General English


  • noun a metallic element that is essential to biological life and is an essential part of human diet. Iron is found in liver, eggs, etc.

Cars & Driving

  • noun the most common metallic element, used for making steel


  • A lustrous, malleable, magnetic, magnetizable, metallic element mined from the earth's crust as ore in hematite, magnetite, and lemonite. These minerals are heated together to 3,000°F in a blast furnace to produce pig iron, which emerges from the furnace as 95% iron, 4% carbon, and 1% other elements.


  • A trace element vital for many body processes especially formation of haemoglobin in the blood. Available in meat, offal, fish, cereals, pulses and vegetables. vitamin C ingested at the same time as iron-containing foods facilitates absorption in the gut.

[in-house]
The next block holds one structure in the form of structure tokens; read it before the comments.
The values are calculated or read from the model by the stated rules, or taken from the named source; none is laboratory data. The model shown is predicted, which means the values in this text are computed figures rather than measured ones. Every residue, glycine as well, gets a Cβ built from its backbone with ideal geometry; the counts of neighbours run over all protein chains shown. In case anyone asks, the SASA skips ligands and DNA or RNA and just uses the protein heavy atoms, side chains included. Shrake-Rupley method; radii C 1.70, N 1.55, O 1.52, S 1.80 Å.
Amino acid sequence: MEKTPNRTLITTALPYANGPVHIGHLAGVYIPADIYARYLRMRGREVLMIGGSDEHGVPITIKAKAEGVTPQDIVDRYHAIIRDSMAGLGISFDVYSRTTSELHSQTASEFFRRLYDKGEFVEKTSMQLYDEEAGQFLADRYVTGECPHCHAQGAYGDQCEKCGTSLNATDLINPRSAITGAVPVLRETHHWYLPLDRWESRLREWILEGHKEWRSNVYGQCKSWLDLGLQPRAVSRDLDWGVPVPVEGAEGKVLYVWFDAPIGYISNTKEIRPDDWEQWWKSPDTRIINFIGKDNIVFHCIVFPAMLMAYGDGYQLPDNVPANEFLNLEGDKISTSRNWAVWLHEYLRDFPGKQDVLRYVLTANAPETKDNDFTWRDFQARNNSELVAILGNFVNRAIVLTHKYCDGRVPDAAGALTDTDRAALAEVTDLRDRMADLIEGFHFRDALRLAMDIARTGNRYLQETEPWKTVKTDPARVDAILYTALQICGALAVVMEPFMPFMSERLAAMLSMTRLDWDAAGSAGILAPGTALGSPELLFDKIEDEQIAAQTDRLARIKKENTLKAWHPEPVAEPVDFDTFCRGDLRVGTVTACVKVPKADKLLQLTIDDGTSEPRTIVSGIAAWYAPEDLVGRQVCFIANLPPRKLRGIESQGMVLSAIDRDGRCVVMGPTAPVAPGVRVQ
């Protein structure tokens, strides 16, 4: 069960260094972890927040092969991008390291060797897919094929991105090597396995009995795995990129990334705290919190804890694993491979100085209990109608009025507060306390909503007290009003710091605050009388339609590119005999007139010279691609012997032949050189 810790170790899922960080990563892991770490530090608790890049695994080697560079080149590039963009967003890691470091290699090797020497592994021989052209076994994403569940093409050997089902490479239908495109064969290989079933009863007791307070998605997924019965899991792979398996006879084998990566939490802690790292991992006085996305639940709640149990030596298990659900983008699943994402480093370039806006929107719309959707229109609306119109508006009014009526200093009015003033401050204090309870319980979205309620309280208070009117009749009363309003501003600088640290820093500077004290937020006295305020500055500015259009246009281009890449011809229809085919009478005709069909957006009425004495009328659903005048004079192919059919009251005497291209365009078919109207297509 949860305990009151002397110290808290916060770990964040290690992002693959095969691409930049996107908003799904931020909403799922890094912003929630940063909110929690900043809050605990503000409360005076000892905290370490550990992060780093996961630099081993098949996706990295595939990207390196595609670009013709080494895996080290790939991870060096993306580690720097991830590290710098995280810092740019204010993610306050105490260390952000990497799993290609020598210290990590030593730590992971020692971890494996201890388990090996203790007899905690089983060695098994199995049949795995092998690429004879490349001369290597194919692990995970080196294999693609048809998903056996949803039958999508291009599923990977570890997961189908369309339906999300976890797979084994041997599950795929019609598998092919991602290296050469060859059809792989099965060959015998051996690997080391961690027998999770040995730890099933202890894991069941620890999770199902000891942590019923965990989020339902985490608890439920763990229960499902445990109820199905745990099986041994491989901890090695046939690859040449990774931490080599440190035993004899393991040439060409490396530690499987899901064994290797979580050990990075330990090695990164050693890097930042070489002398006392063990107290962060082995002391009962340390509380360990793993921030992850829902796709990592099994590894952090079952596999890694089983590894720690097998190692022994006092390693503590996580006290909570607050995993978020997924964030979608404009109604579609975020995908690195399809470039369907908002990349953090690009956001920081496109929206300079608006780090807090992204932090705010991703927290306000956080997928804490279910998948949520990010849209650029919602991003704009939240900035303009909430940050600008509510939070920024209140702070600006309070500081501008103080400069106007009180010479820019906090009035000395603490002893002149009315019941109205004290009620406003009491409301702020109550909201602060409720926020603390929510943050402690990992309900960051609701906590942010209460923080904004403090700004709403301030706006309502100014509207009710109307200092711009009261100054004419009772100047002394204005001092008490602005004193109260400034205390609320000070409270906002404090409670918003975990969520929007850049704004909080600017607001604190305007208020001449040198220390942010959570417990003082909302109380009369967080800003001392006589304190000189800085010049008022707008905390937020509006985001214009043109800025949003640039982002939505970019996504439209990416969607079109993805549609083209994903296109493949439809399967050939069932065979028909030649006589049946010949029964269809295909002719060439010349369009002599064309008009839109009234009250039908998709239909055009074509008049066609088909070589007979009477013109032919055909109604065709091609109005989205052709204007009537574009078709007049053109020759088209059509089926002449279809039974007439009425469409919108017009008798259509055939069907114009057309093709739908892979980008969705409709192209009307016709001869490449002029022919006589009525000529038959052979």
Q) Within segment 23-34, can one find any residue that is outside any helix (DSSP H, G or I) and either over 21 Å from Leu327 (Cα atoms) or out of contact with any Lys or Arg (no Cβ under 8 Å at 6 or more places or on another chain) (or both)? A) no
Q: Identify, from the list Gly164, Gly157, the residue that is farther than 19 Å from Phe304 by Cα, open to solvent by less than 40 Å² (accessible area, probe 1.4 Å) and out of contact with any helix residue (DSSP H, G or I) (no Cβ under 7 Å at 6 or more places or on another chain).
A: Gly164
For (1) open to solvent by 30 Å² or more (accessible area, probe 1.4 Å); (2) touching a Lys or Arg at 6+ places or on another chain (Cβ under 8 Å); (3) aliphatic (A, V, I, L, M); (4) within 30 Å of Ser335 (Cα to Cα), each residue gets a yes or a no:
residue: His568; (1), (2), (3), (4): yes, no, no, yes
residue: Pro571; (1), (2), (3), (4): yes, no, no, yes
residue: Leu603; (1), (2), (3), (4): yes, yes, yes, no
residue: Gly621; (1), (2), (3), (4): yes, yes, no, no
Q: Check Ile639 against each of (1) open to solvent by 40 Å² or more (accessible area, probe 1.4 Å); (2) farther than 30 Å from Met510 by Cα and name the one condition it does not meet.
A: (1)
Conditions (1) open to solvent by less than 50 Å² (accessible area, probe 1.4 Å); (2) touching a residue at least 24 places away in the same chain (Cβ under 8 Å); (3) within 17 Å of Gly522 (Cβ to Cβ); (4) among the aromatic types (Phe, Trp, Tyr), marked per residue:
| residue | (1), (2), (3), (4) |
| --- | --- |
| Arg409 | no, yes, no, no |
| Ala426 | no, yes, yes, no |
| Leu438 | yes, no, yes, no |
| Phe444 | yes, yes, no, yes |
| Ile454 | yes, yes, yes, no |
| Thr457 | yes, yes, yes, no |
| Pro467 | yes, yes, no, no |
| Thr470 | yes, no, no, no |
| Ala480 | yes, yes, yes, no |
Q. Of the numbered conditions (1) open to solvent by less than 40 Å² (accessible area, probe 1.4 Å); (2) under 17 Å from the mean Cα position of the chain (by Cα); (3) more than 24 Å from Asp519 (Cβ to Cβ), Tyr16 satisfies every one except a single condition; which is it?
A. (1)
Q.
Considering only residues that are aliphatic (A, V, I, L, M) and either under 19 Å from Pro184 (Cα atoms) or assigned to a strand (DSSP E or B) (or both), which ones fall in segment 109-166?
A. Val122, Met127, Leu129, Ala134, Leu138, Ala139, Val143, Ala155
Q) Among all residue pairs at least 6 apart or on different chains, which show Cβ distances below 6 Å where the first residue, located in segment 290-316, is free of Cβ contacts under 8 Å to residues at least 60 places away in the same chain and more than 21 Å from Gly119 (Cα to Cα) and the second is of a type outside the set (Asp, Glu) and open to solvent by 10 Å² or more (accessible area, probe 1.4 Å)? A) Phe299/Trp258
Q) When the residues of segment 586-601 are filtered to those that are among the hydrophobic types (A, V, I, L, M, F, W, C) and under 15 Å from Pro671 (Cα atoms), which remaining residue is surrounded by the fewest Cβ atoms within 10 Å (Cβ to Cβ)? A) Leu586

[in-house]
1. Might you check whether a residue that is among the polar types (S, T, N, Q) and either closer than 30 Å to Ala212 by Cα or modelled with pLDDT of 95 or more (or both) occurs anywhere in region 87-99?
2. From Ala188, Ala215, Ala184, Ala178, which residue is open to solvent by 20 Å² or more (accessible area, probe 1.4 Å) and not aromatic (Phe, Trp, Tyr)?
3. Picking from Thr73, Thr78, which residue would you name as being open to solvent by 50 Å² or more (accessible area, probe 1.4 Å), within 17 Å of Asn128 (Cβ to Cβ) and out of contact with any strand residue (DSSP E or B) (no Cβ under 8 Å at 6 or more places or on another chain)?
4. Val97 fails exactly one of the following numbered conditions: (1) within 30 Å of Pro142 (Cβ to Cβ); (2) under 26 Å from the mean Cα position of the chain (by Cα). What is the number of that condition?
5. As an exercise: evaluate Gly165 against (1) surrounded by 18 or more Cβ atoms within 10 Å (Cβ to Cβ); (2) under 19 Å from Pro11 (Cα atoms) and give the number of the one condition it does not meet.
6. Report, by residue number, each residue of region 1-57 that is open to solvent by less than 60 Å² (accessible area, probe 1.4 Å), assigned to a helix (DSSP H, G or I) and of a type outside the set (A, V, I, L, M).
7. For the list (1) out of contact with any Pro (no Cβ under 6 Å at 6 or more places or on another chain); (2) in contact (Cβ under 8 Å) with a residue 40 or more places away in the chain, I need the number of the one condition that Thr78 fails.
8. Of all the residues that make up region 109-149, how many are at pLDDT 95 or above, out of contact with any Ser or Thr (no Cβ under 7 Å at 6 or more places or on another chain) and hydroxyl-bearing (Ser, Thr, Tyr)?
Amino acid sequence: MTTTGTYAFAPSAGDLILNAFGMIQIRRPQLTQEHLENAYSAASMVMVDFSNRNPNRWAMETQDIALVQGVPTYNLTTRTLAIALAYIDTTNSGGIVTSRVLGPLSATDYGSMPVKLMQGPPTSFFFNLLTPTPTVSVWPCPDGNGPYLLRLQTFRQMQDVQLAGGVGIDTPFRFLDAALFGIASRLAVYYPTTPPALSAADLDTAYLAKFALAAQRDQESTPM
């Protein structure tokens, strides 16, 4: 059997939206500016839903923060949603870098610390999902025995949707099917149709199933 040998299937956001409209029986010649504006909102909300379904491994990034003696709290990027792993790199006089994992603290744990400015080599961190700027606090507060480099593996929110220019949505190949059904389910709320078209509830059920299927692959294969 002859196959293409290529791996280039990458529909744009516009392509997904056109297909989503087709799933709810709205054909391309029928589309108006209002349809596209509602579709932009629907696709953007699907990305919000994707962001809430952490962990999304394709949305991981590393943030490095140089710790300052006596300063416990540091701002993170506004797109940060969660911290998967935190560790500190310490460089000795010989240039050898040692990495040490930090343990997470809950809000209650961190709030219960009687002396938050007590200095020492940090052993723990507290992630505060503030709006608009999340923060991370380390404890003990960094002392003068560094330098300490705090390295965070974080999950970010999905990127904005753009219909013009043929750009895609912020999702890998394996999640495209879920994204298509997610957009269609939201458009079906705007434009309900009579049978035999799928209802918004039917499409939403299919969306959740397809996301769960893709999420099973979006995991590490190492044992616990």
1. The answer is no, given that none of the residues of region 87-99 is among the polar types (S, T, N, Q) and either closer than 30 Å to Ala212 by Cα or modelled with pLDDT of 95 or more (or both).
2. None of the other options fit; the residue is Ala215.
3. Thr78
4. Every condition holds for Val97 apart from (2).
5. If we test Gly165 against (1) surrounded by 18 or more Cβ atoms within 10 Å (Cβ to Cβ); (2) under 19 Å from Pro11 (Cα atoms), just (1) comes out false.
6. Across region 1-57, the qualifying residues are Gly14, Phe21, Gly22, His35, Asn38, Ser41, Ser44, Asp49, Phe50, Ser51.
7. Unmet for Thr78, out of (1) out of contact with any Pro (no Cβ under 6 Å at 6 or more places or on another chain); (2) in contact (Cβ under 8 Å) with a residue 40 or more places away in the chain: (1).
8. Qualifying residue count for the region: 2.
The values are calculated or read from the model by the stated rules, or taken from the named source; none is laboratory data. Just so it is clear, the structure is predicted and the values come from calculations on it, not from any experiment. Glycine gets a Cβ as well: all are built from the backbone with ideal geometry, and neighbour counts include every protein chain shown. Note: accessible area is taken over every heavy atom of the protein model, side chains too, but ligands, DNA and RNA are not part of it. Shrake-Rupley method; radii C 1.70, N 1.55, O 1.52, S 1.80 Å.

• noun a chemical element essential to the body, present in foods such as liver and eggs


  • noun a pistol or revolver. A slang term of the 19th and early 20th centuries (short for the American ‘shooting iron’) which survives in the pages of westerns and crime fiction. Iron was revived in the 1990s by members of US street gangs.


  • noun an electric household instrument for smoothing the creases from clothes


  • chemical symbolFe

Origin & History of “iron”

Iron is probably a Celtic contribution to English, but the borrowing took place in the prehistoric period, before the Germanic dialects separated, and so English shares the word with German (eisen), Dutch (ijzen), Swedish (järn), etc. The prehistoric Celtic form from which these all ultimately came was *īsarnon, which some have linked with Latin aes ‘bronze’ and Sanskrit isira- ‘strong’. The ancient Indo-European peoples had already split up into groups speaking mutually unintelligible tongues by the time iron came into general use, so there was never any common Indo-European term for it.